Assange, who is currently serving time at a high-security prison in Britain, answered questions from a judge at Spain's National Court in Madrid, testifying by videoconference from Westminster Magistrates Court in London, his legal team said.
Spain's top criminal court is investigating whether Undercover Global Ltd, which was responsible for security at the embassy, spied on 48-year-old Australian and passed on information to the United States.
The case is key to Assange's efforts to fight an extradition request by the US Justice Department which is pushing to have him put on trial for leaking hundreds of thousands of secret US military and diplomatic documents in 2010.
The documents exposed US rights abuses including the unreported killing of Iraqi civilians, but also put sources named in the documents at risk and were used to weaken democratic alliances.
“We are pleased that Mr. Assange was able to express himself regarding this alleged spying which was supposedly coordinated from the United States,” one of his lawyers, Aitor Martinez, told reporters outside the Madrid court after Assange testified.
“Given the evidence that has been submitted, we feel that obviously the extradition request against him should be rejected because there are no guarantees in the United States” that his rights will be respected, he added.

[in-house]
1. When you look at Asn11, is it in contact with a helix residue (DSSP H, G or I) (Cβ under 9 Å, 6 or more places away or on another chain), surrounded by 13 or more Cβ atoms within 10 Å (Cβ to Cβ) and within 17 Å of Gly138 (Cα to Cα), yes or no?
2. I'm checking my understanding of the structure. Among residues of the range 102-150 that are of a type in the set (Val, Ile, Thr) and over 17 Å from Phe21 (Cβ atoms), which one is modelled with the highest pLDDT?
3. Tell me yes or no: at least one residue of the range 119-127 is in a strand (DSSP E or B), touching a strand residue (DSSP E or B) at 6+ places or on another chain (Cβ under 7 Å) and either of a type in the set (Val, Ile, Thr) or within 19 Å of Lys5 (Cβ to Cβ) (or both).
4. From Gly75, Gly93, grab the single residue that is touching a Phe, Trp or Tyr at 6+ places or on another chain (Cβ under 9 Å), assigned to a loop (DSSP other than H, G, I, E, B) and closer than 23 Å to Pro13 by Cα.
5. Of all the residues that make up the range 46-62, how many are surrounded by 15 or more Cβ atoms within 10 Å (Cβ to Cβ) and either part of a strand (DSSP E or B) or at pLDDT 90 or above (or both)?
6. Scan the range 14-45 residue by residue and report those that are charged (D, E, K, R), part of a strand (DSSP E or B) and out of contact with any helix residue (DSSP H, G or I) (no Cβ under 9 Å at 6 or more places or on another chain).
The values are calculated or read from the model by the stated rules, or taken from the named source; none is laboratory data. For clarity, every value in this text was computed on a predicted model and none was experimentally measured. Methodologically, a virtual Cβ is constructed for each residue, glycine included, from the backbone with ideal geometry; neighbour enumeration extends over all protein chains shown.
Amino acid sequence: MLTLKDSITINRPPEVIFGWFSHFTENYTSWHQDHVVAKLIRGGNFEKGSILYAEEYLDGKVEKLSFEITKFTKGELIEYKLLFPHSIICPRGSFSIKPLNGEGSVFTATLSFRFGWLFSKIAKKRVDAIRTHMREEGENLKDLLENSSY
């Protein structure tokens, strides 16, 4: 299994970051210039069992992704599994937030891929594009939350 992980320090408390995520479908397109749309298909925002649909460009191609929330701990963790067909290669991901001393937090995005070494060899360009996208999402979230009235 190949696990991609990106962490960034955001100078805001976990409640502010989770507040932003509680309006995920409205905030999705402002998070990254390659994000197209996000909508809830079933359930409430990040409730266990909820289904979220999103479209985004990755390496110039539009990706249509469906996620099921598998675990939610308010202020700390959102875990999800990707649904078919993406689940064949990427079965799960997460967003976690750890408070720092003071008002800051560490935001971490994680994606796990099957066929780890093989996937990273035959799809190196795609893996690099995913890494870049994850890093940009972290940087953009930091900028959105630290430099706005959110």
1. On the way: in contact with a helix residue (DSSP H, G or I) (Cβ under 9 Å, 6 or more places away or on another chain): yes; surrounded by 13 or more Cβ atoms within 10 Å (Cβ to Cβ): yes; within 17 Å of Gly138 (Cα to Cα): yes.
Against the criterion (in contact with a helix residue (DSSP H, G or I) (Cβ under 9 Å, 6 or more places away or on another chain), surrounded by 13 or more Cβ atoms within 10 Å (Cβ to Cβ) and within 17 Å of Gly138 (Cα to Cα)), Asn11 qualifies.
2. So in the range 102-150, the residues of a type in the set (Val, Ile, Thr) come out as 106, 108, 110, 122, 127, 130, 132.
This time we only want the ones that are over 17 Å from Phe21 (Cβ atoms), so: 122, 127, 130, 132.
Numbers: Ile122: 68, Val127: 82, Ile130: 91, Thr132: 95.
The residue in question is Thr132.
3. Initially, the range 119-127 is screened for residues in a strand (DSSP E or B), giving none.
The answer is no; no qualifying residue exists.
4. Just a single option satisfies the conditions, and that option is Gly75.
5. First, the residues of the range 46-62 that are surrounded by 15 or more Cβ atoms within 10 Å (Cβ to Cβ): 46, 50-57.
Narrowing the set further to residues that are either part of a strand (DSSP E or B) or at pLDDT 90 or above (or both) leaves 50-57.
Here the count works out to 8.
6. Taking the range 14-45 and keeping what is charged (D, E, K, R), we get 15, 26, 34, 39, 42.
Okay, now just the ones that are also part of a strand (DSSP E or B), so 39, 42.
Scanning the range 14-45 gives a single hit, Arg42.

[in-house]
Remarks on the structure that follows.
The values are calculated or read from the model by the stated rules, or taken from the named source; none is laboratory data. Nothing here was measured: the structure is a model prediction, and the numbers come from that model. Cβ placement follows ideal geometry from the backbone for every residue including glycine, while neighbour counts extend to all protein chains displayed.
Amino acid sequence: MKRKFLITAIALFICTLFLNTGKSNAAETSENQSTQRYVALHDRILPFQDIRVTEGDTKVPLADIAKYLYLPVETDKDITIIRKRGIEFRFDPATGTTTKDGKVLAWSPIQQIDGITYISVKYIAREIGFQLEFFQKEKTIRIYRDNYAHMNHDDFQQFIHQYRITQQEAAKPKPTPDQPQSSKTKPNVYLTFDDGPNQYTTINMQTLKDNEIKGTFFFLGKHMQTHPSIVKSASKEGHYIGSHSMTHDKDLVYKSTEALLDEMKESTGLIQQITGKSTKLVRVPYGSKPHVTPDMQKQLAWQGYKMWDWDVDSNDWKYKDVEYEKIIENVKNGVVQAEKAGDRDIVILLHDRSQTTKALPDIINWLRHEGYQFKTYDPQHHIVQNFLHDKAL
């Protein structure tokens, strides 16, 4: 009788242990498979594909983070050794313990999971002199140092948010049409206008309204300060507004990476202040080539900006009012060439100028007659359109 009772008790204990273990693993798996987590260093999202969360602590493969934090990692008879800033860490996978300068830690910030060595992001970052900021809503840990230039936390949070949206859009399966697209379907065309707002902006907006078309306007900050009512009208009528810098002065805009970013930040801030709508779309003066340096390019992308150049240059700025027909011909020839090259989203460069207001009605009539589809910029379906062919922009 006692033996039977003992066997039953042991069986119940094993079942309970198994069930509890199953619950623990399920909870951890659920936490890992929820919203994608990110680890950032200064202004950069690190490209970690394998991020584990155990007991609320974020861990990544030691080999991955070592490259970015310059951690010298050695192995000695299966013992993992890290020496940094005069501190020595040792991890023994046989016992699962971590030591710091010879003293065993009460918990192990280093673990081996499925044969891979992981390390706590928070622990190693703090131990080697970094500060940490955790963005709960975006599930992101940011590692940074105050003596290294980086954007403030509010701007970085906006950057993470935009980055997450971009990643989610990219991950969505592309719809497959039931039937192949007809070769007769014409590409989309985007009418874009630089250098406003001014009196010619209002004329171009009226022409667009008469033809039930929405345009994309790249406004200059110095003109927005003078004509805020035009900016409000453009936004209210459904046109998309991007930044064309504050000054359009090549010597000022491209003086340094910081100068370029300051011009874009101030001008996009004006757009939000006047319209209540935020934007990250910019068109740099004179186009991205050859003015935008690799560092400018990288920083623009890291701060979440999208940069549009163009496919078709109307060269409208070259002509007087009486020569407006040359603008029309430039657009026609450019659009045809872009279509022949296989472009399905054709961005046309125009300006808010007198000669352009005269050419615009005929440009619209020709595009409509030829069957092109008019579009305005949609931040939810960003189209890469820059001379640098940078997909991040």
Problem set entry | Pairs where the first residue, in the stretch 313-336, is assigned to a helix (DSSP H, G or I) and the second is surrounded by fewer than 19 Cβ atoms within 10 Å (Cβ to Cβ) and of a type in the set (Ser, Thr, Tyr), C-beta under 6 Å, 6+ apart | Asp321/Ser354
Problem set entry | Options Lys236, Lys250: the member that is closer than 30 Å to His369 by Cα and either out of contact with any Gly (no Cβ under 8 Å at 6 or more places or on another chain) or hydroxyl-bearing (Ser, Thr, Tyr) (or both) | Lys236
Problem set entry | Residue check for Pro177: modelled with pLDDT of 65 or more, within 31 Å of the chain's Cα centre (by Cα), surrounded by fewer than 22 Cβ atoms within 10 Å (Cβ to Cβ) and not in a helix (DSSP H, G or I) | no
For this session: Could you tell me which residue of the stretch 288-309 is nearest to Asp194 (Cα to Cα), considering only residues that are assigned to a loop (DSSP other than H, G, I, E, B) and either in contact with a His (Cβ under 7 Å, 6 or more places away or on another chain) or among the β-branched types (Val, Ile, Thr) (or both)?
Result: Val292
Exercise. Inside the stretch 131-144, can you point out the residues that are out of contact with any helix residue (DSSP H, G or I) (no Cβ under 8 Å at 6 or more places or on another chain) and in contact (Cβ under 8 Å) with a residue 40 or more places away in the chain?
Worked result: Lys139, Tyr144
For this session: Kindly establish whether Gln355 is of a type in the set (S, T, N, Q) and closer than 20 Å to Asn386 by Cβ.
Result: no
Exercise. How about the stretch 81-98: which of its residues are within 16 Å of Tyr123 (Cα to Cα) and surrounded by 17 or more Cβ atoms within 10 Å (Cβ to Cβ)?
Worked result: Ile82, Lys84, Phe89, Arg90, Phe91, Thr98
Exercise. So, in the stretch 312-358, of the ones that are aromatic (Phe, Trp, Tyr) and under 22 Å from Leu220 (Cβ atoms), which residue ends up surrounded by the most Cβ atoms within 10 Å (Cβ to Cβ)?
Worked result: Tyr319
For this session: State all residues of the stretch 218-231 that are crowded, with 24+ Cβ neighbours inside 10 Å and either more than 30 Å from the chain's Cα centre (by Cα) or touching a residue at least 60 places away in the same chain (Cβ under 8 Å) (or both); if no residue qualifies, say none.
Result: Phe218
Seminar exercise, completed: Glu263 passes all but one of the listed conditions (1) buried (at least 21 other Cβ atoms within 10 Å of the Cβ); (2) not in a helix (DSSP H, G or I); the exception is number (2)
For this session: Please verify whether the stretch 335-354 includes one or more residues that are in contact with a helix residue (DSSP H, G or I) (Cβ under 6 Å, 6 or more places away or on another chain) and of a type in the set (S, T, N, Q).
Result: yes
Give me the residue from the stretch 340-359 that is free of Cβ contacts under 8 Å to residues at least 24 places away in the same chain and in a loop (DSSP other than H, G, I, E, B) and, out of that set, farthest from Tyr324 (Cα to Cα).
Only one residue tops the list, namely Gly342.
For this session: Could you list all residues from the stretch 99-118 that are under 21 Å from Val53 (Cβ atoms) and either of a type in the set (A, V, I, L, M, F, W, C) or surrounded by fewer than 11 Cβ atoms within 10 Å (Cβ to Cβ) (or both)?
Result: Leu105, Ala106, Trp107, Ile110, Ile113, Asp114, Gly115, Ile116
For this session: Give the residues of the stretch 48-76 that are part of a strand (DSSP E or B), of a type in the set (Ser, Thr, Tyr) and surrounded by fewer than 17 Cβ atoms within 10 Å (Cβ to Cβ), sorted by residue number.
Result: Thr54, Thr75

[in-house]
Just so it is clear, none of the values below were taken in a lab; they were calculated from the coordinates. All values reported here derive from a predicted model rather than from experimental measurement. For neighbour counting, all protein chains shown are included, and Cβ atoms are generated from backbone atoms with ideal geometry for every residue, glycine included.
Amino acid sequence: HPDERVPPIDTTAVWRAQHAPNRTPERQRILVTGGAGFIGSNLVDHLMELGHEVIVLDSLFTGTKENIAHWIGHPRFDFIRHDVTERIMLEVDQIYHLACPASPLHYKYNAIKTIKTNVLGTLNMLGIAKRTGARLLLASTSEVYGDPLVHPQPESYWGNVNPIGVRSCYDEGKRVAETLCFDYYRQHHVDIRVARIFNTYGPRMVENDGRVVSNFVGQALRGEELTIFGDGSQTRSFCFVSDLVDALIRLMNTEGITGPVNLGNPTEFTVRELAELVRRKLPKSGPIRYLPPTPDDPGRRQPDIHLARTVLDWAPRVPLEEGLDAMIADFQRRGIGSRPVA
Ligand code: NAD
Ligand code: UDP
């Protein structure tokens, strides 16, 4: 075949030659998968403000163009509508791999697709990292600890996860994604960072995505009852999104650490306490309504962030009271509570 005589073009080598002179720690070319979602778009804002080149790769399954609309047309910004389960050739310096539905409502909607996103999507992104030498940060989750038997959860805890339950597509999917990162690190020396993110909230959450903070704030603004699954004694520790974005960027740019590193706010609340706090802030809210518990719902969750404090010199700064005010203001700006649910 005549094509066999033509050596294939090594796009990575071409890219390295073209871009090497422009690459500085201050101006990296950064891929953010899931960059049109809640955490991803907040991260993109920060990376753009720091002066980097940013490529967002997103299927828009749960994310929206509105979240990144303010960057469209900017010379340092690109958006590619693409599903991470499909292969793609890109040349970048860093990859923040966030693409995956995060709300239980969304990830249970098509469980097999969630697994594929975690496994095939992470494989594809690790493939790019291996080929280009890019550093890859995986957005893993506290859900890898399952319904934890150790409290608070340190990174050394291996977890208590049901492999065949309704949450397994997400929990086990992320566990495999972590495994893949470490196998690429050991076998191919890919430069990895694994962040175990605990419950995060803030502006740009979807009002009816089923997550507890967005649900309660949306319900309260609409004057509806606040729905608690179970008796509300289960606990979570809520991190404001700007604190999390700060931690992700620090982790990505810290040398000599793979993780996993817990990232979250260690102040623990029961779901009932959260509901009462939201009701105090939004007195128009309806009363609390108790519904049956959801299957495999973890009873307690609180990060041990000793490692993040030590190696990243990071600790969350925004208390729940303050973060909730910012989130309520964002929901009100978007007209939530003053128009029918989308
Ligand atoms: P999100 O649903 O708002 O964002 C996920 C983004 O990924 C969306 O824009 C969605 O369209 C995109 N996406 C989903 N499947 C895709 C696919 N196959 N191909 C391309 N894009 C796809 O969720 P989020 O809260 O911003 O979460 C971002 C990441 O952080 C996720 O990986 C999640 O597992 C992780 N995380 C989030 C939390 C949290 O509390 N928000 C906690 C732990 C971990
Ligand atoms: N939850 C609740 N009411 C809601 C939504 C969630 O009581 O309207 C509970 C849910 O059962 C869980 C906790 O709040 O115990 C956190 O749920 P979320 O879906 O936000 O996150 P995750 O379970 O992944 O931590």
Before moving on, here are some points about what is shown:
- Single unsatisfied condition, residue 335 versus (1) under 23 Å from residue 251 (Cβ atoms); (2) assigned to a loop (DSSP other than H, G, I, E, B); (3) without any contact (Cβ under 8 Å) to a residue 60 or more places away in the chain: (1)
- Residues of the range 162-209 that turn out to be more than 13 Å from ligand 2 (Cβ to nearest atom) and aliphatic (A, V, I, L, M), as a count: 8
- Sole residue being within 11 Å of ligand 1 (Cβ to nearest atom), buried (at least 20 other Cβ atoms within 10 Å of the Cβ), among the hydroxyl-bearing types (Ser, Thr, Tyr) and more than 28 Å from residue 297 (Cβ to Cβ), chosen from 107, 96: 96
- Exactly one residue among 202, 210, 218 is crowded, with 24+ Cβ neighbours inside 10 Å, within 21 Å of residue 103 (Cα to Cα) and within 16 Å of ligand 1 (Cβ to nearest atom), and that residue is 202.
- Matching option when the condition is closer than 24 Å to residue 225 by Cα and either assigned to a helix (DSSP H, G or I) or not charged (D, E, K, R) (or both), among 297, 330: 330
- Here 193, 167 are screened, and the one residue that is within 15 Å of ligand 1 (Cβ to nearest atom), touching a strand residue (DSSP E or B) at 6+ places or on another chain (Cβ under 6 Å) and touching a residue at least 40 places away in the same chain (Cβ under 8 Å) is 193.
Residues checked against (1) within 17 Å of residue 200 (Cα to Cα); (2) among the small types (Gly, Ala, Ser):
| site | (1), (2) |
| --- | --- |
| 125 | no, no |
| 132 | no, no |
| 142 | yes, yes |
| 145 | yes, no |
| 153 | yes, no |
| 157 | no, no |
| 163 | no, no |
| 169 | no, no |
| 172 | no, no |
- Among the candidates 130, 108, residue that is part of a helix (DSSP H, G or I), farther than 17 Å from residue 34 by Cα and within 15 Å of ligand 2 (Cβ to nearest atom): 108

Assange's legal team argues he was “subjected to widespread interference on a massive scale by the American authorities, violating his confidential communications with his lawyers, among other rights.”
“The information gathered by this firm — through the alleged use of video cameras which also captured audio, hidden microphones, copying identity documents, monitoring the electronic devices and mobile phones of visitors, among other things — ended up in the hands of the US intelligence services.”
There was a “huge body of evidence” to back the claim, coming from both company data as well as from protected witnesses who were formerly employed by the firm, the source said.
As well as installing cameras, Undercover Global is suspected of installing microphones in places as diverse as the base of a fire extinguisher and in the women's toilets, where Assange held many meetings for fear of being spied on.
They were allegedly able to record discussions with his lawyers as well as details of medical visits, with the information then transferred to servers that were accessible to the US intelligence services.
Assange took refuge inside the Ecuadoran embassy in 2012, fleeing what he claimed was a politically-motivated extradition order for his return to Sweden for questioning in a sexual assault case, which was dropped last month.
After Quito gave him up in April, Assange was arrested and is currently serving 50 weeks in a London jail for breaching his bail conditions when he entered the embassy.
He is also fighting a request to extradite him to the United States where he faces 18 charges, mostly relating the obtention and dissemination of classified information over WikiLeaks' publication of military documents and diplomatic cables.
Assange is “very tired” as his “health is very fragile,” Martinez, his lawyer in Spain said.
He recalled that the United Nations special rapporteur on torture warned last month that Assange's health was so bad that his life was “now in danger”.
Friday's hearing came at the request of the National Court, which is investigating both Undercover Global and its owner David Morales, who was arrested in September but is out on conditional release.